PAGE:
Will We Be Central, or Will We Be Sidelined?
By Helana Reyad
Over the course of the past few weeks, I have enthusiastically followed the General Assembly (GA)’s 70th session. I also attended an event hosted by the Joint Advocacy Group for the Girl Declaration (JAG), the International Center for Research on Women (ICRW), Advocates for Youth, and Let Girls Lead at the United Nations Population Fund (UNFPA) headquarters called “Central or Sidelined, Examining How Girls Fared in the 2030 Agenda.” As I listened to the member states speak at the Sustainable Development Summit and the General Debate, the question posed at the UNFPA headquarters event kept replaying in my mind: Will we be central or will we be sidelined?
The comments of Member States overall were not very encouraging. Member States focused primarily on issues they had the big stakes in, like topics related to the economy and financing. It was more encouraging, however, when Member States did take time out of their address to talk about issues that often receive less attention because they are not considered imminent threats or are controversial, like climate change or women’s rights. Some Member States tackled such issues head on, reminding world leaders that although the actions we take today may not yield instant results, they are critical for future generations. Speaking on climate change, the president of Finland, Sauli Niinsto, said we will either leave behind a “legacy of hope or despair” and the outcome is in our hands.
Similar to the slow and often resisted advancements in climate change mitigation, advancing the rights of women and girls is a complex process that takes time. It is, however, critical to ensuring a better, more equal world for the future. President Niinsto spoke to this in his address, advocating that “to invest in gender equality is to invest in poverty reduction.” We cannot make progress, he continued, while keeping half of the worlds’ population out of leadership positions and subordinate to the other half.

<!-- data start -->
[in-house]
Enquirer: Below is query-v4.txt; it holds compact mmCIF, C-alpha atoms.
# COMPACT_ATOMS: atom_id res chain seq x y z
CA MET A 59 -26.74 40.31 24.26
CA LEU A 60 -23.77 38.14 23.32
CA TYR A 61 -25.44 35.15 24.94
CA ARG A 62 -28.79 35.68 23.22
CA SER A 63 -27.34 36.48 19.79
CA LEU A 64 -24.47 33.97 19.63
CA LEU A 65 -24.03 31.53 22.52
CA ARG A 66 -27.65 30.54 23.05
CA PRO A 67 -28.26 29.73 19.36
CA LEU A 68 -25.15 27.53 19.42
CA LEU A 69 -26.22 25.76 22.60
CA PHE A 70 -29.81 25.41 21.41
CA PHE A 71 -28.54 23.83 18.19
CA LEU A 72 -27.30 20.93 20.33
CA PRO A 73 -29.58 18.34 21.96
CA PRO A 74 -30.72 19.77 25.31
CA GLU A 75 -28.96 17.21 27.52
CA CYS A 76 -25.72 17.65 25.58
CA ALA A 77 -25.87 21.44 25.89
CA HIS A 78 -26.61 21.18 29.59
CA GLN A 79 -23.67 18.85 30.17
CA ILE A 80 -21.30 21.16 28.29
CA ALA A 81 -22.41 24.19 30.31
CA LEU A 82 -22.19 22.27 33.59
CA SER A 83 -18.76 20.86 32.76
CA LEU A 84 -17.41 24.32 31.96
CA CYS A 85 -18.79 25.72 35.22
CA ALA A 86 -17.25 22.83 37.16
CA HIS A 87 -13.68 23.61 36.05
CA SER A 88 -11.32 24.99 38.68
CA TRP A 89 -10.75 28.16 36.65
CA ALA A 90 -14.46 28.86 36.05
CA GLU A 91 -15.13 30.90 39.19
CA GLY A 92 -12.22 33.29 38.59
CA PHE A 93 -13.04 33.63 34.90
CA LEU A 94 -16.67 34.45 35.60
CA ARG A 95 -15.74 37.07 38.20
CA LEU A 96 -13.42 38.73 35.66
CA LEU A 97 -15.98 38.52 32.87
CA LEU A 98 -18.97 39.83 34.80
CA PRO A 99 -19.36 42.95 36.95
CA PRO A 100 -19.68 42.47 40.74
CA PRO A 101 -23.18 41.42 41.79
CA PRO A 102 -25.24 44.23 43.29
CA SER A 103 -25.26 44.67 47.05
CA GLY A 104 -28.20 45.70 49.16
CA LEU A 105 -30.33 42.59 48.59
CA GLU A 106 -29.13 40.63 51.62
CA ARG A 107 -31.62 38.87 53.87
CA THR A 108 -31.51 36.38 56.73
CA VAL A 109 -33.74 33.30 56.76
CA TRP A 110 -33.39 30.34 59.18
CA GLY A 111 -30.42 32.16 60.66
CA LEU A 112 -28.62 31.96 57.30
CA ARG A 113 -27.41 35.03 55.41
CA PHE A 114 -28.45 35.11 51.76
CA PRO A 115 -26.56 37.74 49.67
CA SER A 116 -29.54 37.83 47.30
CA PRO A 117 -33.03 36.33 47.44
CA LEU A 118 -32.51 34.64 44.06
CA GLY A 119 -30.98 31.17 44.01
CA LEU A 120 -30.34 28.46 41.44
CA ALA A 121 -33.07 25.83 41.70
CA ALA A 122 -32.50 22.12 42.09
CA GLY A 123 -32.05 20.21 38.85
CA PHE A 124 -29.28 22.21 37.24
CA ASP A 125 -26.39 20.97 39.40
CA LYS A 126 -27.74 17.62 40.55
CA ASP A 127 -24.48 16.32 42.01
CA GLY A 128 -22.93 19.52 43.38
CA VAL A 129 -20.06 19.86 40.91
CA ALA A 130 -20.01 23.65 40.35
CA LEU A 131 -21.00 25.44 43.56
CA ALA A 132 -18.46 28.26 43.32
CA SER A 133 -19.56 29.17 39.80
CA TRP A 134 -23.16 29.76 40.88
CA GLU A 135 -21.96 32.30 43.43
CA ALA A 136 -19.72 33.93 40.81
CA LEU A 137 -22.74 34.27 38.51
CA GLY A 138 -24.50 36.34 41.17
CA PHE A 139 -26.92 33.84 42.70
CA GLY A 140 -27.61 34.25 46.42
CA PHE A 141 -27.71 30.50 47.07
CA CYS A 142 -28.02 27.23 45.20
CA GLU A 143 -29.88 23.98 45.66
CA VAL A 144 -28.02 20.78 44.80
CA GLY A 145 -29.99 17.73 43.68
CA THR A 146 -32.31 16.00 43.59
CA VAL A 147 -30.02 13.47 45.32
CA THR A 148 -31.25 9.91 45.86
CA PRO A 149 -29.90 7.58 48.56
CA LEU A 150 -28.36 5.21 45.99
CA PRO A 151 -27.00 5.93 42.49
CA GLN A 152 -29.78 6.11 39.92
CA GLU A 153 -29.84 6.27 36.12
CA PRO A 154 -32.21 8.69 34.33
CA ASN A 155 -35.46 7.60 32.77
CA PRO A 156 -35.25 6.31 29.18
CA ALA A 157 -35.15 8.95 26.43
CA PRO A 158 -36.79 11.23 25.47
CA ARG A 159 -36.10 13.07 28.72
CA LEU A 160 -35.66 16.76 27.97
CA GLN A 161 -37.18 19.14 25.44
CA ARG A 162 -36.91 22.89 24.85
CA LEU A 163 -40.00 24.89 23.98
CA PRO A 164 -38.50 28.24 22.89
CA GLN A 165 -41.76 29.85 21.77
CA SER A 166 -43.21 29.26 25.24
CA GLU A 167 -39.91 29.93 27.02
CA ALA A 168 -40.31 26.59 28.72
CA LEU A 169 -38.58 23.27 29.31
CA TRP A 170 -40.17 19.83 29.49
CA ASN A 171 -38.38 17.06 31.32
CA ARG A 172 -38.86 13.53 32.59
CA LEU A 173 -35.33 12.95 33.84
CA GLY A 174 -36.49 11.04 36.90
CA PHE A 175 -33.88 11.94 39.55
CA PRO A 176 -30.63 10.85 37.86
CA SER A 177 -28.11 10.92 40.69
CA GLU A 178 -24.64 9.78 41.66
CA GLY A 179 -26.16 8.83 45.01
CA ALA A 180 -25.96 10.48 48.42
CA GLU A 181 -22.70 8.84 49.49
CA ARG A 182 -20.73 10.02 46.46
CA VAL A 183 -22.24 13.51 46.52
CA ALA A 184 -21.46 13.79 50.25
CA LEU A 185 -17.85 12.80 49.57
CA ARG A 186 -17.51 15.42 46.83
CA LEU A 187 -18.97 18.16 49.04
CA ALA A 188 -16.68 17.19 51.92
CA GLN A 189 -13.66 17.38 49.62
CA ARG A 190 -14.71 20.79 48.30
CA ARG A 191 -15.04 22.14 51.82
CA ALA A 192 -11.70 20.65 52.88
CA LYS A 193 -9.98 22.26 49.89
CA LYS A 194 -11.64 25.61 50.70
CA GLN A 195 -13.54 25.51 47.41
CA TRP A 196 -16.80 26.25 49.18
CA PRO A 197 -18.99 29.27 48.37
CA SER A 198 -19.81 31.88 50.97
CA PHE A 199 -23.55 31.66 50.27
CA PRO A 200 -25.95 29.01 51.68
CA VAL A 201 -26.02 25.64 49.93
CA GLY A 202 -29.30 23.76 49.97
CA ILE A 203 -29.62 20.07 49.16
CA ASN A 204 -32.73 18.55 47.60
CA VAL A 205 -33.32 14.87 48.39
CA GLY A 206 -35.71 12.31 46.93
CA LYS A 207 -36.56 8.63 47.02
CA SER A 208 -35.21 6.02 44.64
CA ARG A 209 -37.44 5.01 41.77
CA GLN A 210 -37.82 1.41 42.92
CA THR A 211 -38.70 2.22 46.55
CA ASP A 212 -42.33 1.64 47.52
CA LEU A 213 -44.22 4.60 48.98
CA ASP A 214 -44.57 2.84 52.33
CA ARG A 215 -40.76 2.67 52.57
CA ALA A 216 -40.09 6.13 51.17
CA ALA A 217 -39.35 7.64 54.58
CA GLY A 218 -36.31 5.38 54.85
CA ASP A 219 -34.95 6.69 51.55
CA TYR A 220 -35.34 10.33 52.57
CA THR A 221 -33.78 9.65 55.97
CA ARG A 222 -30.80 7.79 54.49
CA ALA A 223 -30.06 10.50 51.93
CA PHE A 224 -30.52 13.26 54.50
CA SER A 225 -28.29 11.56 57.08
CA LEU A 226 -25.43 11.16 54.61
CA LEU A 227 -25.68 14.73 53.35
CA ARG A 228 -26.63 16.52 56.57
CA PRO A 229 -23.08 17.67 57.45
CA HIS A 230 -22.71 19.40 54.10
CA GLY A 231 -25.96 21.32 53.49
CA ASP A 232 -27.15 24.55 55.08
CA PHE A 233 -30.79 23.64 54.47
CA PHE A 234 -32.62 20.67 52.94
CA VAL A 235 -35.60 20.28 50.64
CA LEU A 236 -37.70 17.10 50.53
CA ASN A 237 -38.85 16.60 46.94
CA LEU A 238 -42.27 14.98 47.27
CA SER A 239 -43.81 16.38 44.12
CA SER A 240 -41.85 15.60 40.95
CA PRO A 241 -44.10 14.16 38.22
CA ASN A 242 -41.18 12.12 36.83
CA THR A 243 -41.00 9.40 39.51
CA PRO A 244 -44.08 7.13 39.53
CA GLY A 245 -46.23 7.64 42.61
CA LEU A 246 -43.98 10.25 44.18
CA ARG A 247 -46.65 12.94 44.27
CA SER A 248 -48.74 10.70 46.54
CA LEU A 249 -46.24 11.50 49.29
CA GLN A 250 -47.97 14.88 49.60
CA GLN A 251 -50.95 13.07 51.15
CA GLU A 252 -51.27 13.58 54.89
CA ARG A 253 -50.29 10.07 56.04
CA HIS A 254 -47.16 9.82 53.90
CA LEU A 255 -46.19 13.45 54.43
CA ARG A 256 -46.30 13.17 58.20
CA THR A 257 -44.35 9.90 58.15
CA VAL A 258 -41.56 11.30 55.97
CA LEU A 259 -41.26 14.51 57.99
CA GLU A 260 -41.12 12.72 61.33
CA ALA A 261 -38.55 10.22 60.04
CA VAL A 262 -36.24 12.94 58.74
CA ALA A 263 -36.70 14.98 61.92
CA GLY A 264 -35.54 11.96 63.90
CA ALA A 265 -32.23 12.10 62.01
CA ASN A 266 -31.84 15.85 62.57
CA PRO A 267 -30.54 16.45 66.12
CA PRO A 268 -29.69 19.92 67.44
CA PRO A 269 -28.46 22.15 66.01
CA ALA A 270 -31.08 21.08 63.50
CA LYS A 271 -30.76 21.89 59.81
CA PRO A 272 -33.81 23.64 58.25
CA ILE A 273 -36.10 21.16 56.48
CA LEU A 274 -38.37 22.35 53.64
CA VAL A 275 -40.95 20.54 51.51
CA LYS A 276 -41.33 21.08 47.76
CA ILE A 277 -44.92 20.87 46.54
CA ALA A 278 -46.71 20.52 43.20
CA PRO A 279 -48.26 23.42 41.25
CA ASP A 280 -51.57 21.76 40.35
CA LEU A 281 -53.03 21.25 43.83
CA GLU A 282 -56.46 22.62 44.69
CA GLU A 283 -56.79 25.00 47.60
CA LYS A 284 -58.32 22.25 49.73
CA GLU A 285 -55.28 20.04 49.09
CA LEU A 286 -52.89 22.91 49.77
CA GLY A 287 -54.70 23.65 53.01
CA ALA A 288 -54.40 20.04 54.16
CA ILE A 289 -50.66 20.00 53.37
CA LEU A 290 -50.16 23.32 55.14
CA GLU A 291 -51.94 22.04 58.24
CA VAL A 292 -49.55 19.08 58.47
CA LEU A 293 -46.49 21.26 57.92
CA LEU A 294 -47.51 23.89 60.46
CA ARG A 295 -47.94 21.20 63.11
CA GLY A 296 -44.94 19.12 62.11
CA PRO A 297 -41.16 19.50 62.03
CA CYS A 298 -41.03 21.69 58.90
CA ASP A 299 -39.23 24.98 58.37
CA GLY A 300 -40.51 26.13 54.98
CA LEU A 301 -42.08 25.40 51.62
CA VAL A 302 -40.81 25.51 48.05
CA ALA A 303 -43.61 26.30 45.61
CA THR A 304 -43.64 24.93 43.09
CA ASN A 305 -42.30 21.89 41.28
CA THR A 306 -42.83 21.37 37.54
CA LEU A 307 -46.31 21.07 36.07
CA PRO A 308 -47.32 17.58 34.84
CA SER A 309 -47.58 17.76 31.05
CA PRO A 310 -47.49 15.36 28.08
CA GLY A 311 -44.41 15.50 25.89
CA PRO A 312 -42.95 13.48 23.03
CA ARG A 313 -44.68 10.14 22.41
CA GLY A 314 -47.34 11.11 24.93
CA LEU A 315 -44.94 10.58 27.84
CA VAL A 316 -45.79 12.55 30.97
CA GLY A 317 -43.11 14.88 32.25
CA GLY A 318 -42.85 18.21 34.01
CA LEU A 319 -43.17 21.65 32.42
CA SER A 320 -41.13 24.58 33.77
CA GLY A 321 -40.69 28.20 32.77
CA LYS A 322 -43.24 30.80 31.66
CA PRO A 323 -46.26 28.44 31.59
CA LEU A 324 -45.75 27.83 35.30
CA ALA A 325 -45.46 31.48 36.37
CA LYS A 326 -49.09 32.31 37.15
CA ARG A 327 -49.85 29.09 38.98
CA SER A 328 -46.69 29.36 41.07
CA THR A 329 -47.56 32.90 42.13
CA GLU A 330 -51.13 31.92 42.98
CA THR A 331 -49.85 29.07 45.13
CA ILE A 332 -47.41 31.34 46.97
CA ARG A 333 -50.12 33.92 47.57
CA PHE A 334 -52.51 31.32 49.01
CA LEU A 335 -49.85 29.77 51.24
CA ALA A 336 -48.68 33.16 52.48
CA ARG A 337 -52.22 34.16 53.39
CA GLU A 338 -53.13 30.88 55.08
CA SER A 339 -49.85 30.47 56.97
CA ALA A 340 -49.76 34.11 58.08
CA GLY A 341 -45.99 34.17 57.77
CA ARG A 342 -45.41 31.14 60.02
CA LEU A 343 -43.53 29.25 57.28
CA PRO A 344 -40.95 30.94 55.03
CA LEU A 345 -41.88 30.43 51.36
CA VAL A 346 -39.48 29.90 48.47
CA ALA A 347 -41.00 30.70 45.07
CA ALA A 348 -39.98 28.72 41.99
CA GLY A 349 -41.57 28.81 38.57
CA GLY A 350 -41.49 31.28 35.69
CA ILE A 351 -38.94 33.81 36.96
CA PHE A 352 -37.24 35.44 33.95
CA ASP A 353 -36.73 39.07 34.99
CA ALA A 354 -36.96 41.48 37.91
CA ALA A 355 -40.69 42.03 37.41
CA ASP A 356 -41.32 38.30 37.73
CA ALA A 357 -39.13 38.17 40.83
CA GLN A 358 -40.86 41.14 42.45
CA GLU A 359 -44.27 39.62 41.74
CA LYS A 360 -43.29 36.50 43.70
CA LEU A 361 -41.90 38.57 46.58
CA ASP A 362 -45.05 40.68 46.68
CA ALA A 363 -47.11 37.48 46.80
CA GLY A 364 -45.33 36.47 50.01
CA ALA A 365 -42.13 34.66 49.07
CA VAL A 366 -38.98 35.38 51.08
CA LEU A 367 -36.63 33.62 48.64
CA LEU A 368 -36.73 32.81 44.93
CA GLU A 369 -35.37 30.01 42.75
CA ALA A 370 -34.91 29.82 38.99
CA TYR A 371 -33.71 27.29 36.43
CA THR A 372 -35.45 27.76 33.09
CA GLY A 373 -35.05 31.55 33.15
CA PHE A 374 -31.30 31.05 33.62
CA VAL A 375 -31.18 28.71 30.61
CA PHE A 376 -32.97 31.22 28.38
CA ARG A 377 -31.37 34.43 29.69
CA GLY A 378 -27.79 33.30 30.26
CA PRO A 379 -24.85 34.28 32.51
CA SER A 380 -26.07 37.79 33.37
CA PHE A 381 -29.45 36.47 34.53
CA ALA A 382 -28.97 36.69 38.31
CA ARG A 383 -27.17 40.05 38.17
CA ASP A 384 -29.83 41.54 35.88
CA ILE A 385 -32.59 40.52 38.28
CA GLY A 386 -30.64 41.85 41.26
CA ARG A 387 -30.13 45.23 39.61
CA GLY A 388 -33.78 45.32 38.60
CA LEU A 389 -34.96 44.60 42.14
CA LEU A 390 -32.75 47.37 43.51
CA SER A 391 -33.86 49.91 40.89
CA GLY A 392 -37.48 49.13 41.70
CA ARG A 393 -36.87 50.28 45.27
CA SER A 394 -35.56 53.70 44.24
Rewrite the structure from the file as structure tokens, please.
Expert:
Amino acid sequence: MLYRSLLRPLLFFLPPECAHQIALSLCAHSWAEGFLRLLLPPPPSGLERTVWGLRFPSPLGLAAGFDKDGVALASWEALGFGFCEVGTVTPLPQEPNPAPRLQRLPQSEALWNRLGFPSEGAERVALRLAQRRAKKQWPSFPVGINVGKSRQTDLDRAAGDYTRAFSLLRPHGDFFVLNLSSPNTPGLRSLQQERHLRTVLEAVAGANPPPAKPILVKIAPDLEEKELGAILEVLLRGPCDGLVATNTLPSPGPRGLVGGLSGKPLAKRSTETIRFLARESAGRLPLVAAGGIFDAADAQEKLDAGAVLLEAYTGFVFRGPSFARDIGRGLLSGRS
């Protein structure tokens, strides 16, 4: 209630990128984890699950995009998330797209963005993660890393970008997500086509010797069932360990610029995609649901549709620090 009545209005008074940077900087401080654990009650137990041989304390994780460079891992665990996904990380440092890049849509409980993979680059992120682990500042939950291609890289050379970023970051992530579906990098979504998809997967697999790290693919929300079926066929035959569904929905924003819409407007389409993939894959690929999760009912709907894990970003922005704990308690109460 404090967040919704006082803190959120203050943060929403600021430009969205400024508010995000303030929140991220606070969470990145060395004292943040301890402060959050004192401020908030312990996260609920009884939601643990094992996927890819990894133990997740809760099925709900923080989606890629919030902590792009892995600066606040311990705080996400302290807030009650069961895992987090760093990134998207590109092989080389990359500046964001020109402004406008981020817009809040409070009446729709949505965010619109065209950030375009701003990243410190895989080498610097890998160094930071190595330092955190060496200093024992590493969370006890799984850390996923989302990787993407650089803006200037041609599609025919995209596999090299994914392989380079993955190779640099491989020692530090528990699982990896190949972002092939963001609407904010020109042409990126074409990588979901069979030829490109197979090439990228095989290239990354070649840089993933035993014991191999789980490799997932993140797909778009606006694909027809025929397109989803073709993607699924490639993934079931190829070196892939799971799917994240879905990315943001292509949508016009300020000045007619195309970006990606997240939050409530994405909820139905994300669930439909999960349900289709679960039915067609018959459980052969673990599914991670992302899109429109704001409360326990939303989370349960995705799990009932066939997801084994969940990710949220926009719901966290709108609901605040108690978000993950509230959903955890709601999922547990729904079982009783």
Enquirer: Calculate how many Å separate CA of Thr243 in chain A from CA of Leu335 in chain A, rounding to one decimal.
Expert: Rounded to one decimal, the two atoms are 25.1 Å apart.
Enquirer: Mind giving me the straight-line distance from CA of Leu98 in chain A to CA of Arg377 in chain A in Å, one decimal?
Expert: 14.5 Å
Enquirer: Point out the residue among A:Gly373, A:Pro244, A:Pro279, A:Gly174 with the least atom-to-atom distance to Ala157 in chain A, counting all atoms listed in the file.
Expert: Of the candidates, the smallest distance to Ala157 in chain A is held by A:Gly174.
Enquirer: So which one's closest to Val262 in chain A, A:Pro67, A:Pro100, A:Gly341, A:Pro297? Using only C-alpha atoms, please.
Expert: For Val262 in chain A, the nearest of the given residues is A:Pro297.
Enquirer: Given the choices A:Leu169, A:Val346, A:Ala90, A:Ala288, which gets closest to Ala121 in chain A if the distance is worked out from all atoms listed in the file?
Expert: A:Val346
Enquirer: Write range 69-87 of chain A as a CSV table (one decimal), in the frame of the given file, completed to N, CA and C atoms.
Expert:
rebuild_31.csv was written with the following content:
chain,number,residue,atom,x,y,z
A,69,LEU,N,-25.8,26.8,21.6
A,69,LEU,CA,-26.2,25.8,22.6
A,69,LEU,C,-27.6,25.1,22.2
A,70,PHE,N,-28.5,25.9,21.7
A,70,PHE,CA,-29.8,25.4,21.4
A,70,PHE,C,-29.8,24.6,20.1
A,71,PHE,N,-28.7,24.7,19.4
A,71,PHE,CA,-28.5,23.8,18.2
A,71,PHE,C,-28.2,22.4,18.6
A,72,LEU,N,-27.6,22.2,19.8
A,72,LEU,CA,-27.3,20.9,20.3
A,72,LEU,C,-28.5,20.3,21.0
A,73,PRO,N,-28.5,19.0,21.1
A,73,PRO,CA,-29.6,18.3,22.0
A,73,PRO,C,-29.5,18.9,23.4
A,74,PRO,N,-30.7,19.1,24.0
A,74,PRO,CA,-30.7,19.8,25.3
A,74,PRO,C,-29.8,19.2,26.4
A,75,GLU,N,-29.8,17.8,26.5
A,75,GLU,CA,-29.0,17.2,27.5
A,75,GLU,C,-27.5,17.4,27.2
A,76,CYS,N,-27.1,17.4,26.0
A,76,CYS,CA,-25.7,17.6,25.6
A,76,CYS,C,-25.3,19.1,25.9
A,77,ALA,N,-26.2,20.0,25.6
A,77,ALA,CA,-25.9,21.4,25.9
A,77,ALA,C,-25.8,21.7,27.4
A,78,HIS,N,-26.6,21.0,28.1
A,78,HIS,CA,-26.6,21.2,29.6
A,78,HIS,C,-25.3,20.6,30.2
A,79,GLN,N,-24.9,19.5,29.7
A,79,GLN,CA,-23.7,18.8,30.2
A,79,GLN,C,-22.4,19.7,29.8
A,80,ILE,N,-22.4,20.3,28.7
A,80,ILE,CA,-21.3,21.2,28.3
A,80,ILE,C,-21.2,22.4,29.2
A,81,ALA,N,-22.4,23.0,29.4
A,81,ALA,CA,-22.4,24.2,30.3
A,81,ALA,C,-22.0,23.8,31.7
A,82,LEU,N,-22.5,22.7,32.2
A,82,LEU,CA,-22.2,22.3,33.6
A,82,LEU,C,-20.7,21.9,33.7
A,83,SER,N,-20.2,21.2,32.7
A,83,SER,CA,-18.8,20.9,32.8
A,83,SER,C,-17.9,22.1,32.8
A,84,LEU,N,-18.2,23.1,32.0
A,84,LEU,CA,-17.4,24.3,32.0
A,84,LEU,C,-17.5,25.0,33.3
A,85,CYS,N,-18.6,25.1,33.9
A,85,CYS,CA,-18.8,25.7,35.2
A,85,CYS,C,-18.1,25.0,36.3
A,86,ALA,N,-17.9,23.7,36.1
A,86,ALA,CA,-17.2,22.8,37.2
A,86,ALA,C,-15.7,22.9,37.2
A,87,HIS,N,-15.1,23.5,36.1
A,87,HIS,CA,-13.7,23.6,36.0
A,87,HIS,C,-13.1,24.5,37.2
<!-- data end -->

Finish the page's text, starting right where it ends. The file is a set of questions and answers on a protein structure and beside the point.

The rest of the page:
The importance of gender equality in discussions about sustainable development did not escape the General Assembly. The first speaker at the GA Summit was President of Croatia, Kolinda Grabar-Kitarović. President Grabar-Kitarović emphasized this point, and used it as an opportunity to bring the fifth Sustainable Development Goal (SDG), gender equality, to the attention of Member States and civil society. She expressed her conviction that the SDGs are not far-fetched or unattainable, but are the necessary steps to take in order to ensure that no one is left behind. When she spoke again at the General Debate, she clarified that those most left behind are girls and women, and reminded us that children are not born with prejudice – prejudice is learned. In order to be able to deliver on the SDGs there needs to be first a change in mindset and behavior. She was frank in her approach, and maintained that it is not enough to make plans; we need to get the job done. She stated, “We have the tools and we have the ways, now it is the time to find the will.”
Whether or not member states find the will, and whether or not girls will be central or sidelined, are questions that can only be answered over time. Nevertheless I am optimistic because of world leaders like President Grabar-Kitarović and President Niinsto, who are willing to shed light on issues like climate change and gender equality and make the call for action. We should look to these figures as leaders, and encourage them to keep Member States accountable. But we should also look to local women and girls – like VGIF grantees – as leaders. It will take collective action - commitments and follow-through of Member States, mobilization of resources, and grassroots movements - to ensure that sustainable development rooted in equality and human rights is the legacy we leave for future generations.